The employer and insurer appeal the compensation judge’s determination that the employee sustained an injury to the left thumb, which arose out of and in the course and scope of his employment.
The employee held positions in numerous departments at Cub Foods. While working in the grocery department, he developed pain in his left thumb and wrist that would progressively worsen during a shift stocking shelves. In approximately 2007, 2012 and 2013 he requested transfers to different departments due to pain. In 2014 the employee spoke to his supervisor about his pain symptoms and requested another transfer. The transfer was denied and it was suggested that he wear a wrist brace. The employee did not seek medical treatment at this time.
The employee felt a pop and experienced numbness in his left thumb and wrist after having pulled the handle of a car door while attending a wedding reception. He went to urgent care, where he presented with tenderness, swelling, and a decreased range of motion. He reported having experienced left wrist and thumb pain for a while at work. He was diagnosed with a ruptured extensor pollicis longus tendon.
The court found that the employee had sustained a Gilette injury to his left thumb culminating on the date the employee pulled the handle of a car door. The court awarded his claims for temporary total disability benefits, reimbursement of out-of-pocket expenses, and reimbursement claims of the intervenors.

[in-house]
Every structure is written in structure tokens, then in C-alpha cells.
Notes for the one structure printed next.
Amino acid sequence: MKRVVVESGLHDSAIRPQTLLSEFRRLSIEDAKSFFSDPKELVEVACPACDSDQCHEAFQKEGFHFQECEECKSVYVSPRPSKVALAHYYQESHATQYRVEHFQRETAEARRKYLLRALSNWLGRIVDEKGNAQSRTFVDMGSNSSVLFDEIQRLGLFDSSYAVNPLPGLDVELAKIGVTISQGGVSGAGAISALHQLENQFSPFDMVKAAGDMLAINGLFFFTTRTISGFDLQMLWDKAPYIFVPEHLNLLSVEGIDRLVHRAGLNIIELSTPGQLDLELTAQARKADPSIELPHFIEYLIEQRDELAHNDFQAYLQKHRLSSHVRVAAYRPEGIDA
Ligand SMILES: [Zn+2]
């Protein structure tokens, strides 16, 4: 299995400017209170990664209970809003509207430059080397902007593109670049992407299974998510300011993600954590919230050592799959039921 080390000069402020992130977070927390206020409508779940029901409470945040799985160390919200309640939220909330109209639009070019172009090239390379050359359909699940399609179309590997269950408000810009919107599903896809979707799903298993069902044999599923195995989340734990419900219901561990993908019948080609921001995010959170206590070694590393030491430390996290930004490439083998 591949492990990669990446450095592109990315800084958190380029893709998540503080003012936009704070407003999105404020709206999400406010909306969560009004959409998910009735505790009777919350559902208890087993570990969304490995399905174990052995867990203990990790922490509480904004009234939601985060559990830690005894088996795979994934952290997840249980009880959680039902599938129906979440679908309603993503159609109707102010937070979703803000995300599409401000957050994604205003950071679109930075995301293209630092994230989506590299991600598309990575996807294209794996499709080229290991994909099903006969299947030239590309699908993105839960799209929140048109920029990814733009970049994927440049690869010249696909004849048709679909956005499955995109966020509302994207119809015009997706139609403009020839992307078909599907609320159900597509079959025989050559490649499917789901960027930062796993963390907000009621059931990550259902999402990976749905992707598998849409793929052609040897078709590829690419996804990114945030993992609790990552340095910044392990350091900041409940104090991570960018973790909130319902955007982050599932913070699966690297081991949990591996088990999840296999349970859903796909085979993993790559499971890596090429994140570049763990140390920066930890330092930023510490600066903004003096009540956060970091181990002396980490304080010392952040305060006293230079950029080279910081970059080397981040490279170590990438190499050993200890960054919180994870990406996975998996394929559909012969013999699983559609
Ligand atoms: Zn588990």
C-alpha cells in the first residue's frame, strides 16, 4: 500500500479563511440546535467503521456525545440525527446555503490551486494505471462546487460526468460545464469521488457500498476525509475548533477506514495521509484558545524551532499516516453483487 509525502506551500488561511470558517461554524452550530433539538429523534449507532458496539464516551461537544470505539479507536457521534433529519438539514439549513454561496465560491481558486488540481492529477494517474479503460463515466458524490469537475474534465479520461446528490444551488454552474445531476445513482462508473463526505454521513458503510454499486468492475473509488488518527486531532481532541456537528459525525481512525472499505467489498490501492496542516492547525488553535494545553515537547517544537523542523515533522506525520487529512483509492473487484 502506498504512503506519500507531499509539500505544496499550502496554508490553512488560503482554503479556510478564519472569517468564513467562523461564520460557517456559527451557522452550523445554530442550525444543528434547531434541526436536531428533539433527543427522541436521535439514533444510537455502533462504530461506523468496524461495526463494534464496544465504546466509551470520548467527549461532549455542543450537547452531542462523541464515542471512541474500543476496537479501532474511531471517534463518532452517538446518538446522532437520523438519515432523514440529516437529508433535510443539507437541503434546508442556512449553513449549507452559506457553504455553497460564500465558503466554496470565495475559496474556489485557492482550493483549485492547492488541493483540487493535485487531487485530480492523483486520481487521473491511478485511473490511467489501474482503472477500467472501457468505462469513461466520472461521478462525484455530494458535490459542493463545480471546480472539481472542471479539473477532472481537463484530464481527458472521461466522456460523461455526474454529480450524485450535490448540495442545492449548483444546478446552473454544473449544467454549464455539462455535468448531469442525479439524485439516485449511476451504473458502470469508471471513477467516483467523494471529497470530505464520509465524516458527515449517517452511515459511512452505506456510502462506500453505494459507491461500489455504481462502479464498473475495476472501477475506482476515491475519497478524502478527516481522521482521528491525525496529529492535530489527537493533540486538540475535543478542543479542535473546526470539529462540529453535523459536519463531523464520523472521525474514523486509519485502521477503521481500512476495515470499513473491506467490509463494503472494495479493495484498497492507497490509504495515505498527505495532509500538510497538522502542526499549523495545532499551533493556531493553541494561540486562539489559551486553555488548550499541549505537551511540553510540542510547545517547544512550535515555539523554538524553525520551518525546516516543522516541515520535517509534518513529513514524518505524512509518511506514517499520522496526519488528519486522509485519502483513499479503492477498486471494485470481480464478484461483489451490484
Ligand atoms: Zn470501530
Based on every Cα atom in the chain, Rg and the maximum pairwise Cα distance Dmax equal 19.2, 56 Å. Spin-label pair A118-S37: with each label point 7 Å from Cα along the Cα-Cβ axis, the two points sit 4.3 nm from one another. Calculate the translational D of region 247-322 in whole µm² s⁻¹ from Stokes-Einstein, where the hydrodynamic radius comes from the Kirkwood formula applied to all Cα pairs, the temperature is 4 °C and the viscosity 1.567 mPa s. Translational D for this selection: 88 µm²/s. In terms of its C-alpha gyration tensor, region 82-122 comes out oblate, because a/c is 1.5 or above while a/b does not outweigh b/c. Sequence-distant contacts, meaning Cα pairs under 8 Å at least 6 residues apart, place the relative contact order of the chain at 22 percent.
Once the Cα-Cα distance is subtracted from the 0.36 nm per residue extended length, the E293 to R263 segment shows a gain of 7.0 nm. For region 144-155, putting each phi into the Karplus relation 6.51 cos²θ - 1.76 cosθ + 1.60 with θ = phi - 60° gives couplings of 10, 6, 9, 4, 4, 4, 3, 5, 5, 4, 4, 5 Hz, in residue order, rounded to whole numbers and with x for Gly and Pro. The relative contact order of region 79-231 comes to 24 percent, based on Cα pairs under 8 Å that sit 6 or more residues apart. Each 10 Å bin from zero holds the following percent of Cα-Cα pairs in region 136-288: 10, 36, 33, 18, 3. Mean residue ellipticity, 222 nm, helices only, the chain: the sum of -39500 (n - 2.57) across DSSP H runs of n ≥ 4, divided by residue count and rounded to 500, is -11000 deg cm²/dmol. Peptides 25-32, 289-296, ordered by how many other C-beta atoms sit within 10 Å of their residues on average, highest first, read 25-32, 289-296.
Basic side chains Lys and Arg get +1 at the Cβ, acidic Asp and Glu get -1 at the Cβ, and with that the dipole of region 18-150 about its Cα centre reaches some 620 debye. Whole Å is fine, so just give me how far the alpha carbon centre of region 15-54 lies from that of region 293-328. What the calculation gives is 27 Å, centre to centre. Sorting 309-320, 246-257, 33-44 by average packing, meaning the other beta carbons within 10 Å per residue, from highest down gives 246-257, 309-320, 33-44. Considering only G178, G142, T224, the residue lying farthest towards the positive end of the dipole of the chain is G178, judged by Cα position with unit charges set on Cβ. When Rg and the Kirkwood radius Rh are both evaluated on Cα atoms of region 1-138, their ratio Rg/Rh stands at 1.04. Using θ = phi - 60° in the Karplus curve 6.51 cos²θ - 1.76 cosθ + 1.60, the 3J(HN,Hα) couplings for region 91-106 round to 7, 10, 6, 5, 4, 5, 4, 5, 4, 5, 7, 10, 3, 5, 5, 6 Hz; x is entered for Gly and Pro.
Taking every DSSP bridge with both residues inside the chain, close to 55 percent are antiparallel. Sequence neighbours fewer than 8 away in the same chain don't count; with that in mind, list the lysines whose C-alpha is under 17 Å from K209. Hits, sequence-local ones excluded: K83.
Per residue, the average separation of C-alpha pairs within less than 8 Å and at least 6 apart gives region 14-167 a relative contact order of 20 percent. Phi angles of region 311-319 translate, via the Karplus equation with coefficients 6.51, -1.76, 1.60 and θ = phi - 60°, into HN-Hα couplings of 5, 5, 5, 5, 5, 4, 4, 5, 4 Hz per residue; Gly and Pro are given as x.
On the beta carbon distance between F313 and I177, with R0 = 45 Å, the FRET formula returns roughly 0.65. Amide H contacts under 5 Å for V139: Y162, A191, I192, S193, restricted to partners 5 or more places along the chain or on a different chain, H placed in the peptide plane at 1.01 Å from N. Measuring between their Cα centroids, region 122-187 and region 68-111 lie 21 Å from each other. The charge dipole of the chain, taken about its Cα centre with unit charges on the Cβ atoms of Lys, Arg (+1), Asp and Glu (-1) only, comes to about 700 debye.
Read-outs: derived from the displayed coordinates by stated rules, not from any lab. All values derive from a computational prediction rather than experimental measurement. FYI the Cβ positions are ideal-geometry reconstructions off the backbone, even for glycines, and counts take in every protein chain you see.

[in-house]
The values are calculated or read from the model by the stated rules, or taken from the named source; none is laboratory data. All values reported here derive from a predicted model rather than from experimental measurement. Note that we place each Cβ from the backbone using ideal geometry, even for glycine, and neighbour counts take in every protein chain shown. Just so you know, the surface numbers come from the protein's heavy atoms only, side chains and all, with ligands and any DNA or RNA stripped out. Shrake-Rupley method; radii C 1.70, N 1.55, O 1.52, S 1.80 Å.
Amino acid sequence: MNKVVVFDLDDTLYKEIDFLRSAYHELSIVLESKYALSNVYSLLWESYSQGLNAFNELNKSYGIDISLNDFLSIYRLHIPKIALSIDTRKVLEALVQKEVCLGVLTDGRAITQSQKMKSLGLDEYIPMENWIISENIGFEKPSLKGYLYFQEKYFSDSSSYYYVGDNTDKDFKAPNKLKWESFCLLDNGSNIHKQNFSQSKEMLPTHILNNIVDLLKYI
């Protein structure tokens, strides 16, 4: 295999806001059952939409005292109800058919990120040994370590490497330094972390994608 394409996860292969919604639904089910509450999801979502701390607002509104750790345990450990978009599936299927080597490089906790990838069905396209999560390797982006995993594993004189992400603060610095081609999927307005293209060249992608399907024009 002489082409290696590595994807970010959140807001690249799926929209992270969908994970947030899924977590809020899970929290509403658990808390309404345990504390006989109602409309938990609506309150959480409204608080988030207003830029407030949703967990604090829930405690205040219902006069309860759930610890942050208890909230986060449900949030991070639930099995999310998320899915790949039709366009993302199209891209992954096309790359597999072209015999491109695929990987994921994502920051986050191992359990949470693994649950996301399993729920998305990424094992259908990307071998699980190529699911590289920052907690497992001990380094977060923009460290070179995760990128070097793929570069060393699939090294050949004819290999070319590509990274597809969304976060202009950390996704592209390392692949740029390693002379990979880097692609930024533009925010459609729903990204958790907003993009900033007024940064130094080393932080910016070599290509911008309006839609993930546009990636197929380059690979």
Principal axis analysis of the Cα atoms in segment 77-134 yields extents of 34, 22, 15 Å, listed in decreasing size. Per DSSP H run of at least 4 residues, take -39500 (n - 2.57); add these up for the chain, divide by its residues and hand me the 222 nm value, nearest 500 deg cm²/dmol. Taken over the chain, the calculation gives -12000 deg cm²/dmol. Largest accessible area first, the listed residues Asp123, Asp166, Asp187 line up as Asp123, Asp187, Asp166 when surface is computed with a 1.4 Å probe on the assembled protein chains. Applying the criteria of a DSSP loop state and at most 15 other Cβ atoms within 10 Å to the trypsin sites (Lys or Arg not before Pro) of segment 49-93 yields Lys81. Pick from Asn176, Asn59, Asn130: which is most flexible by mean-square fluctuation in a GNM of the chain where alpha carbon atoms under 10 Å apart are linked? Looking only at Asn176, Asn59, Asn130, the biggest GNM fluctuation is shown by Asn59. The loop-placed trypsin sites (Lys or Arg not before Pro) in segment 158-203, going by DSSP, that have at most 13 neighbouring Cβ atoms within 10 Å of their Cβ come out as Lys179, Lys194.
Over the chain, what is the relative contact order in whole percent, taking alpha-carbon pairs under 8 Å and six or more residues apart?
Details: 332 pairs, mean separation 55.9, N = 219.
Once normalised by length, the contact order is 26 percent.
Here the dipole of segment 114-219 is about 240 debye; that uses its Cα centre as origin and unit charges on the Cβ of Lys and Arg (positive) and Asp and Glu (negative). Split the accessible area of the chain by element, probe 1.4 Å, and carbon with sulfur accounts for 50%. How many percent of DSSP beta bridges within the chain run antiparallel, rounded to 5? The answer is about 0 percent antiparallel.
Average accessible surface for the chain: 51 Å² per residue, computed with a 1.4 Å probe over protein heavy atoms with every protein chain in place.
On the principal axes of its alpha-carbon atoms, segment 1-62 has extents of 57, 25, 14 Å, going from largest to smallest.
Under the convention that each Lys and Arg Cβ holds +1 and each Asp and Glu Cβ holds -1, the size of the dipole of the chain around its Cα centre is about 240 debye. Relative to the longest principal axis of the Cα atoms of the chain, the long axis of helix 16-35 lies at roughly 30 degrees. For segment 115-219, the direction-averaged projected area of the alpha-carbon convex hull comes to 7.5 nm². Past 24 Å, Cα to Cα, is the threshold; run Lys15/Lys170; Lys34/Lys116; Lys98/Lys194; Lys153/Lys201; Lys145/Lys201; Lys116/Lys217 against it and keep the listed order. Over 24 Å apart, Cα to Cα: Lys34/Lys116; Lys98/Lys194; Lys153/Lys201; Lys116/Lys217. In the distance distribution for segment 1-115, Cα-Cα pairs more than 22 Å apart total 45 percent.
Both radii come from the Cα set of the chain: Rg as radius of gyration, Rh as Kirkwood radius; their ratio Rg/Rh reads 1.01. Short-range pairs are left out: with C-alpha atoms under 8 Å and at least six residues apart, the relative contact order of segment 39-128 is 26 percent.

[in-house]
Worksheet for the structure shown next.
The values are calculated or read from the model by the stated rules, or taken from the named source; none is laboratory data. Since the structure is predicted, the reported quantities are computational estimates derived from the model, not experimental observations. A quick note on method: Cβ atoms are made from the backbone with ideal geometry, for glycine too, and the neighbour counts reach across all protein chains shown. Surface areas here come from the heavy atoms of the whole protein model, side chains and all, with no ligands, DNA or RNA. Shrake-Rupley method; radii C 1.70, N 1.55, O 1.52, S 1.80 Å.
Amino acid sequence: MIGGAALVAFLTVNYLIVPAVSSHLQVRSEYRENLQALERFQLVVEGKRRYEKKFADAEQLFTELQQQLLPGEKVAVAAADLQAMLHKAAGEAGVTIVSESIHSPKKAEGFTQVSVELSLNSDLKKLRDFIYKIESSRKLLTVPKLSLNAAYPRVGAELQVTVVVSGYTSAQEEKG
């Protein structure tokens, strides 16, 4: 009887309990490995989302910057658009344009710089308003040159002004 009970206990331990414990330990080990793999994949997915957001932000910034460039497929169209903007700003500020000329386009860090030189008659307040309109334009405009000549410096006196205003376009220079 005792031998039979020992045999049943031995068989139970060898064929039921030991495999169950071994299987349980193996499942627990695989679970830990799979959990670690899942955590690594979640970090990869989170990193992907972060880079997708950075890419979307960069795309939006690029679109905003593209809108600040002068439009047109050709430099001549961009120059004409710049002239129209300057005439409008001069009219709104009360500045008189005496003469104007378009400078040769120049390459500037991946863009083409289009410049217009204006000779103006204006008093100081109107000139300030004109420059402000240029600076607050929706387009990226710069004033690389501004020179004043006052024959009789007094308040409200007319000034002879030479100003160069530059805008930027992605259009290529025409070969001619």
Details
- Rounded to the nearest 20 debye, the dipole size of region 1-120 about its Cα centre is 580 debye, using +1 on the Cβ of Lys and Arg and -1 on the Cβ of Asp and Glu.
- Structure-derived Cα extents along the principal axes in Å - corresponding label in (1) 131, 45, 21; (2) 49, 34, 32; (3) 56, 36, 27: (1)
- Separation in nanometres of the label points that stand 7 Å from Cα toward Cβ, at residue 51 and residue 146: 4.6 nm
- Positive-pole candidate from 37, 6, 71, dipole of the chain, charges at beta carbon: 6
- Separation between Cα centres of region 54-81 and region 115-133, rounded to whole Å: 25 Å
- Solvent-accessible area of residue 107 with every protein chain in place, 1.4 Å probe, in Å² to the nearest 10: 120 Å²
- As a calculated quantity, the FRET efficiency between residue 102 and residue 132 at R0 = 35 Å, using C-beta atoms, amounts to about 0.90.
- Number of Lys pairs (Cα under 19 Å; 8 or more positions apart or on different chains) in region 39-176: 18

The employer and insurer appealed, arguing that substantial evidence in the record did not support the compensation judge’s finding that the employee’s EPL tendon rupture arose out of and in the course of his employment. The employer and insurer also argued that because the rupture occurred during a personal activity, the injury was not compensable because it did not occur within the course of the employee’s employment. The Workers’ Compensation Court of Appeals found that the judge weighed the literature along with all other medical evidence available and that her reliance on the opinions of a doctor that treated the employee was reasonable. The Workers’ Compensation Court of Appeals also cited the judge’s reliance on the employee’s testimony regarding pain symptoms. The Workers’ Compensation Court of Appeals found that there was substantial evidence in the record to conclude that the injury was a compensable Gilette injury and affirmed the lower court’s decision.